San Francisco city officials and local experts on dementia care announced today the start of a 10-year plan to address the looming crisis of Alzheimer’s disease and other dementias in the region.

The city’s Department of Aging and Adult Services is heading a strategy to increase public awareness and integrate services and support for a growing number of people suffering from some type of dementia, or diminished cognitive function.

In the Bay Area, one out of every two people who are at least 85 years old suffer from some type of dementia. In San Francisco, 18 percent of the city’s residents are over 60 years old, and that number is expected to rise to 24 percent in only three years.

Anne Hinton, executive director of the Department of Aging and Adult Services, said the growing crisis of dementia was on par with the previous AIDS crisis, in which there’s an “invisible population” suffering from these problems but who are receiving inadequate treatment or have been undiagnosed.

The plan includes reaching out to the public, through senior centers and primary care clinics, as well as first responders such as police officers and emergency medical technicians, to educate them on the best way to address the needs of people with dementia.

The plan would also include training and educating health care professionals on the best practices when it comes to medication prescriptions, diagnoses, end-of-life care, and other issues related to patients with dementia.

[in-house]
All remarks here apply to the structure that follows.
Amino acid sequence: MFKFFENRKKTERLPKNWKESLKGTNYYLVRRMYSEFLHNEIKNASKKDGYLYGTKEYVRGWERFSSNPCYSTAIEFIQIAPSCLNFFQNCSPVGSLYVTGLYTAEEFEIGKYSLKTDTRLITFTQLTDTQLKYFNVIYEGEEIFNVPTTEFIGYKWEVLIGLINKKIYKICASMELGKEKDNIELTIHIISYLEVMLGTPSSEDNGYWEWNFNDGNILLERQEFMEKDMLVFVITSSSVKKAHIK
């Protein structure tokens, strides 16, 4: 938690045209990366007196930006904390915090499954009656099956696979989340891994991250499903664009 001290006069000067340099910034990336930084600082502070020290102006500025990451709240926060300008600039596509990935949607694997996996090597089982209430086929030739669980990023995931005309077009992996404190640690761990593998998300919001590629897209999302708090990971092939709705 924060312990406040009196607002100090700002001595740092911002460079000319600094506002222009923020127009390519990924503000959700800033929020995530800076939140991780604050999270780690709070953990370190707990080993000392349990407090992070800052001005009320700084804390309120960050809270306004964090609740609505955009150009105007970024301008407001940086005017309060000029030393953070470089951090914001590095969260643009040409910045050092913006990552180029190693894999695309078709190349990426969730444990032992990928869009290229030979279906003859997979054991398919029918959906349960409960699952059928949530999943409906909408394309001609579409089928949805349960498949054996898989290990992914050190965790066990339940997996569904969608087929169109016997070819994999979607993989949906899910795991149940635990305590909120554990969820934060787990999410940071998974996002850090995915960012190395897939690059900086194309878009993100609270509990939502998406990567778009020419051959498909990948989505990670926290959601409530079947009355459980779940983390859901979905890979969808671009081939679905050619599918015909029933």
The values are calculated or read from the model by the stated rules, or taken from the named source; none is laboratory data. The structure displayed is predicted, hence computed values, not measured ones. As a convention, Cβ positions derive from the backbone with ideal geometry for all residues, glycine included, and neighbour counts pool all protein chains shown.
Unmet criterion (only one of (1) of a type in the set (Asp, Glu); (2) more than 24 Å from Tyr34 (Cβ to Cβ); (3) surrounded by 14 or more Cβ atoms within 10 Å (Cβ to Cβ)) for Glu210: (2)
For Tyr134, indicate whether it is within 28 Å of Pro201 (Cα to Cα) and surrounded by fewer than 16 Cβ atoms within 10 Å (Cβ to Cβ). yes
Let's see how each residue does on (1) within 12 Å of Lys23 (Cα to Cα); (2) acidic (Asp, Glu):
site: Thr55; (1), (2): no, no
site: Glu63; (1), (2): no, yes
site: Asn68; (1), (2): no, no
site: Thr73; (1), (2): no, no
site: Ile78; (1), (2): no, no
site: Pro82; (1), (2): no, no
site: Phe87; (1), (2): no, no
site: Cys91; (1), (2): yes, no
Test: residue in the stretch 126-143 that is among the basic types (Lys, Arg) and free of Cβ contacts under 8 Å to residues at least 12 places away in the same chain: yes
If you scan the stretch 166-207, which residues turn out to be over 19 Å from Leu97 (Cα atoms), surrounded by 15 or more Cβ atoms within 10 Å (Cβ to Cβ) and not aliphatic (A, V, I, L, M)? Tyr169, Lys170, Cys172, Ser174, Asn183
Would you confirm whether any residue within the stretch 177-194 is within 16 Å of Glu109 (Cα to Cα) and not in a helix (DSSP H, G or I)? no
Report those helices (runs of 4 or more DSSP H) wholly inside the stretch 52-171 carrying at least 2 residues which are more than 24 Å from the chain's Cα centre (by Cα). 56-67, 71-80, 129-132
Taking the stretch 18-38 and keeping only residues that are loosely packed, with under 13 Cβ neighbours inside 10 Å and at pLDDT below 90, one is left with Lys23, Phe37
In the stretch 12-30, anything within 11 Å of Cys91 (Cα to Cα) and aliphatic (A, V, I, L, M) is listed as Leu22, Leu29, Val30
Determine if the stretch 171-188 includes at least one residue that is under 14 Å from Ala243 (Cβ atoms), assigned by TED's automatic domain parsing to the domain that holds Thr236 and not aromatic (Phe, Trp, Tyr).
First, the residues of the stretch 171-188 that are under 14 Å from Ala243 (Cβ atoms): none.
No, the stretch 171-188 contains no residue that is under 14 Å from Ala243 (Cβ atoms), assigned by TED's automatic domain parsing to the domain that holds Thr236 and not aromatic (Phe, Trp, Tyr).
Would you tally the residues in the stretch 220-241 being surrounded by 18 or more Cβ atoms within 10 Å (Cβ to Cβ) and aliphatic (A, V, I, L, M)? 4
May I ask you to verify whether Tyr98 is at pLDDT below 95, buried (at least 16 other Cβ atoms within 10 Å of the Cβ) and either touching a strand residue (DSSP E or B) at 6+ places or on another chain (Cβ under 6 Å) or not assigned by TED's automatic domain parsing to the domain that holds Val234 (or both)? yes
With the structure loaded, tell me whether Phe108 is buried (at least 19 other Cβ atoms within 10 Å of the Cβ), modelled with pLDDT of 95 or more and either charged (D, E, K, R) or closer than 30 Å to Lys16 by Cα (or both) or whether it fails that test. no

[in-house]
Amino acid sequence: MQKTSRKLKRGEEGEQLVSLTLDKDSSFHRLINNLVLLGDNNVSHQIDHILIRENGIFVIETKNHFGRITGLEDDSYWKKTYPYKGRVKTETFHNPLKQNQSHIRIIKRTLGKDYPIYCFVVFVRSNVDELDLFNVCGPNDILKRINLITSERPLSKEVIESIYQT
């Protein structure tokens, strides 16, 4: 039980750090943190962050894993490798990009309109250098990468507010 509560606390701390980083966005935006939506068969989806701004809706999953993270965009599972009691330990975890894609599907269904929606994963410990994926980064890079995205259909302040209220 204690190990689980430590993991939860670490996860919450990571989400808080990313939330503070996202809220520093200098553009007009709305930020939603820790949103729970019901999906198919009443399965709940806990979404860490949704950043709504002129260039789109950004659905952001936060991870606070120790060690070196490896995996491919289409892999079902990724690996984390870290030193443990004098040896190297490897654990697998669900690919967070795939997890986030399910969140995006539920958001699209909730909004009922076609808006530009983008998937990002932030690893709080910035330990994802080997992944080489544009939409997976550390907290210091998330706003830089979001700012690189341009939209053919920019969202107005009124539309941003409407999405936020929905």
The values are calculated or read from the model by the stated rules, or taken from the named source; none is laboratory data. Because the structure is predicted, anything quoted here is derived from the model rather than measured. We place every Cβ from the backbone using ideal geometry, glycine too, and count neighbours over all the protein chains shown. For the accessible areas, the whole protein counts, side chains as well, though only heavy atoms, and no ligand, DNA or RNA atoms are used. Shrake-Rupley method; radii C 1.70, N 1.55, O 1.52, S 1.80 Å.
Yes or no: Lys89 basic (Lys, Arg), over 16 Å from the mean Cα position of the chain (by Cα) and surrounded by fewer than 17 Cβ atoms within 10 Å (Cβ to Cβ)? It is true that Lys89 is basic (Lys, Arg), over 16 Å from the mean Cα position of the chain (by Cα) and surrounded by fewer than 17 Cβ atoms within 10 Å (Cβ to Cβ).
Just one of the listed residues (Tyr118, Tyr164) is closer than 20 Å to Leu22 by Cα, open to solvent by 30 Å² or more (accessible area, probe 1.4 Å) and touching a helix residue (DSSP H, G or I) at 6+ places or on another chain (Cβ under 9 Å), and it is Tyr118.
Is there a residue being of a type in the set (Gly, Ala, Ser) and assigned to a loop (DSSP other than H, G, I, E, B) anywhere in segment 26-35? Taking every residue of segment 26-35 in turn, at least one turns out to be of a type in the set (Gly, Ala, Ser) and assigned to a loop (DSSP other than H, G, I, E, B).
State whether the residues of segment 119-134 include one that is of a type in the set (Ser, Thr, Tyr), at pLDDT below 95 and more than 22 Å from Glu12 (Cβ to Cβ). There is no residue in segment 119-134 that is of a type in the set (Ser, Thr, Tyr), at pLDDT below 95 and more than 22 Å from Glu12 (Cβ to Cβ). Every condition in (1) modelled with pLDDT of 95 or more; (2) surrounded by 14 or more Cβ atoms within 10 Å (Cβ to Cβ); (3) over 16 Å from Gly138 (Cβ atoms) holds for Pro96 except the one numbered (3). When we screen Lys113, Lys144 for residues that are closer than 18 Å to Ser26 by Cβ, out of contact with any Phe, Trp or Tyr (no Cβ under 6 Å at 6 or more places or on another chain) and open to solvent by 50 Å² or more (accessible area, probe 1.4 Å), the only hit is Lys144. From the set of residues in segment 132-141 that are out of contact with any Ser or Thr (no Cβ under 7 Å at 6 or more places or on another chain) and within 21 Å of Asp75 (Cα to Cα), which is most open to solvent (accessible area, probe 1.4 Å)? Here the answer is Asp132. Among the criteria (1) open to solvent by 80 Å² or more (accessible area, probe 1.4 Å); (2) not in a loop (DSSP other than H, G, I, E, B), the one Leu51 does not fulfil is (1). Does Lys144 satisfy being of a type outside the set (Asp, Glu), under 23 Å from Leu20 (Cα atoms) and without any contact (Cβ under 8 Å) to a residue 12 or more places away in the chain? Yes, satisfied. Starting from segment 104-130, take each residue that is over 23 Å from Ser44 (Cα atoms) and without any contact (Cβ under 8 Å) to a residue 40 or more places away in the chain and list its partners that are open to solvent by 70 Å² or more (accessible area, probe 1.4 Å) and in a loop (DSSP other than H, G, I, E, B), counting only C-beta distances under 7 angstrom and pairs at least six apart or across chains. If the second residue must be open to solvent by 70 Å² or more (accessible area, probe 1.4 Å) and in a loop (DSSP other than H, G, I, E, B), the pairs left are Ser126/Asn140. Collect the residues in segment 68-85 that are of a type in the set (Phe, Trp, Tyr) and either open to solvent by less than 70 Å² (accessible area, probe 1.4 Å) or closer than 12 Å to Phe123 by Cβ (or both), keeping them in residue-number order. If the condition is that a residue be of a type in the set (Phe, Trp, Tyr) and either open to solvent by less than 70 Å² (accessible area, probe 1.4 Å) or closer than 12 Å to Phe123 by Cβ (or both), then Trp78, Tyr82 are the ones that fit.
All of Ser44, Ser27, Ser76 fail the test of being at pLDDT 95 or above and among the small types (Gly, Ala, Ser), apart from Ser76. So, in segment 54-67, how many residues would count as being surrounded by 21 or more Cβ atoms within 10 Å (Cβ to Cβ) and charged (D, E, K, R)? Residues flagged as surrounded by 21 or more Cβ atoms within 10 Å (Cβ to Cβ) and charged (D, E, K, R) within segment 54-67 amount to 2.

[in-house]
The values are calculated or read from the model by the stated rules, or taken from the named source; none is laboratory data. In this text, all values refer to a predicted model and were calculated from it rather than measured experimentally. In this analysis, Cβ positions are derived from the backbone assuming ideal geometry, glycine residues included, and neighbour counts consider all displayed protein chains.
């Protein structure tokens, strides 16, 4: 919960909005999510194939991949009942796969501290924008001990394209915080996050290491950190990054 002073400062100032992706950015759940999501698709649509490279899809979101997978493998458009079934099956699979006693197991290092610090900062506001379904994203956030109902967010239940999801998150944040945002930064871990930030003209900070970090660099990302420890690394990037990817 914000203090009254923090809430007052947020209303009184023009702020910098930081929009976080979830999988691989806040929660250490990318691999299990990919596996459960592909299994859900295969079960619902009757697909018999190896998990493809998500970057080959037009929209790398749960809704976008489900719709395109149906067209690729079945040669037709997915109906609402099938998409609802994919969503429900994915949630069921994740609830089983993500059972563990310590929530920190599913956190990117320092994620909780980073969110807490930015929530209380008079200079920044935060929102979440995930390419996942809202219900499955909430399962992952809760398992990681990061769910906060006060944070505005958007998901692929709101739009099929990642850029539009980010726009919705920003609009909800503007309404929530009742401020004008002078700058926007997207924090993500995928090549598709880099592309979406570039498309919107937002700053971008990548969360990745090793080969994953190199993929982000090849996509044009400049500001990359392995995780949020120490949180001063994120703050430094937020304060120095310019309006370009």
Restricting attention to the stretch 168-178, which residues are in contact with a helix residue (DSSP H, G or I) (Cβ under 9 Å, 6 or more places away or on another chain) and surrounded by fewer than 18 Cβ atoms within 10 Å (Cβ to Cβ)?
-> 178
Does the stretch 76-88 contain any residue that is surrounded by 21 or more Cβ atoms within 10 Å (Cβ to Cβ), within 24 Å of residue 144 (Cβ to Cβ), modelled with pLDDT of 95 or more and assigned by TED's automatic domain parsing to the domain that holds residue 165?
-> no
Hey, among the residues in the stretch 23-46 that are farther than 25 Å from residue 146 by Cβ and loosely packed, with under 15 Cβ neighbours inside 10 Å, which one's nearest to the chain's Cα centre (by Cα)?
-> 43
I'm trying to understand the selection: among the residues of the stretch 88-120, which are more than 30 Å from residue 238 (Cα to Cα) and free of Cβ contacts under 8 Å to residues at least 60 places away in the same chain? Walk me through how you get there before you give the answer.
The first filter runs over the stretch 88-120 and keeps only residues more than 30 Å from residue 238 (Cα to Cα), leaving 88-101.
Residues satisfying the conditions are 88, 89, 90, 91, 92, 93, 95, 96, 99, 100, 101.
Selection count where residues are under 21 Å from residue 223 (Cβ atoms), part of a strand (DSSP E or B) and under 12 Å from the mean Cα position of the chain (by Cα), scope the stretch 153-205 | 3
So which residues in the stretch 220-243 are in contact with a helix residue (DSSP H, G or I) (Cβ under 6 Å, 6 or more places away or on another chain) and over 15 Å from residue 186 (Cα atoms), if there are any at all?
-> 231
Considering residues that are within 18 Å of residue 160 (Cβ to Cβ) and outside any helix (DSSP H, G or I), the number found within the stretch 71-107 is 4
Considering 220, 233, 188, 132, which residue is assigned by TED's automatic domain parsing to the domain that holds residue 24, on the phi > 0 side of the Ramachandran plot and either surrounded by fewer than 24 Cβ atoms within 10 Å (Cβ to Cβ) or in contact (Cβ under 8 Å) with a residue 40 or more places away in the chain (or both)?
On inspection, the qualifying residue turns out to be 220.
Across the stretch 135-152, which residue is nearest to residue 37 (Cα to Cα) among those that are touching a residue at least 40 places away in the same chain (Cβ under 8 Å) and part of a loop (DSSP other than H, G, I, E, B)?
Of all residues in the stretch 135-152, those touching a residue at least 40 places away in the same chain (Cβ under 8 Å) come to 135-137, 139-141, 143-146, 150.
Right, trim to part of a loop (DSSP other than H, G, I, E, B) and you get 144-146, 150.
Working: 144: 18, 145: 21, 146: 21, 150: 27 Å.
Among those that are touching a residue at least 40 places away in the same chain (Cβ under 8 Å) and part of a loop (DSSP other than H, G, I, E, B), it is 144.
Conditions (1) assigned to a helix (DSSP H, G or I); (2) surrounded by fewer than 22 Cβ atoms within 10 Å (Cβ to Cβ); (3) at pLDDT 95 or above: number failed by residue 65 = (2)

Dr. Adam Boxer, a neurologist who works on clinical trials for Alzheimer’s and other types of dementia at University of California at San Francisco’s Memory and Aging Center, said “this is a very exciting time for us.”

Boxer said “despite the fact that we have yet to develop a cure, there are many things we can do” to help prevent or minimize dementia, such as detecting it early, and promoting changes in diets or lifestyles.

The plan is expected to cost about $125,000 to implement and is being funded by a $20,000 grant from the Rosalinde and Arthur Gilbert Foundation, as well as a one-time grant from the state and through savings within the agency, Hinton said.

Agency officials hope the plan will improve the well-being of people with dementia and delay the need for more costly services, such as nursing homes.

Boxer said the plan is to make dementia patients similar to those suffering from diabetes, where “people live 20, 30, 40 years (after the diagnosis), and they live good and happy lives.”

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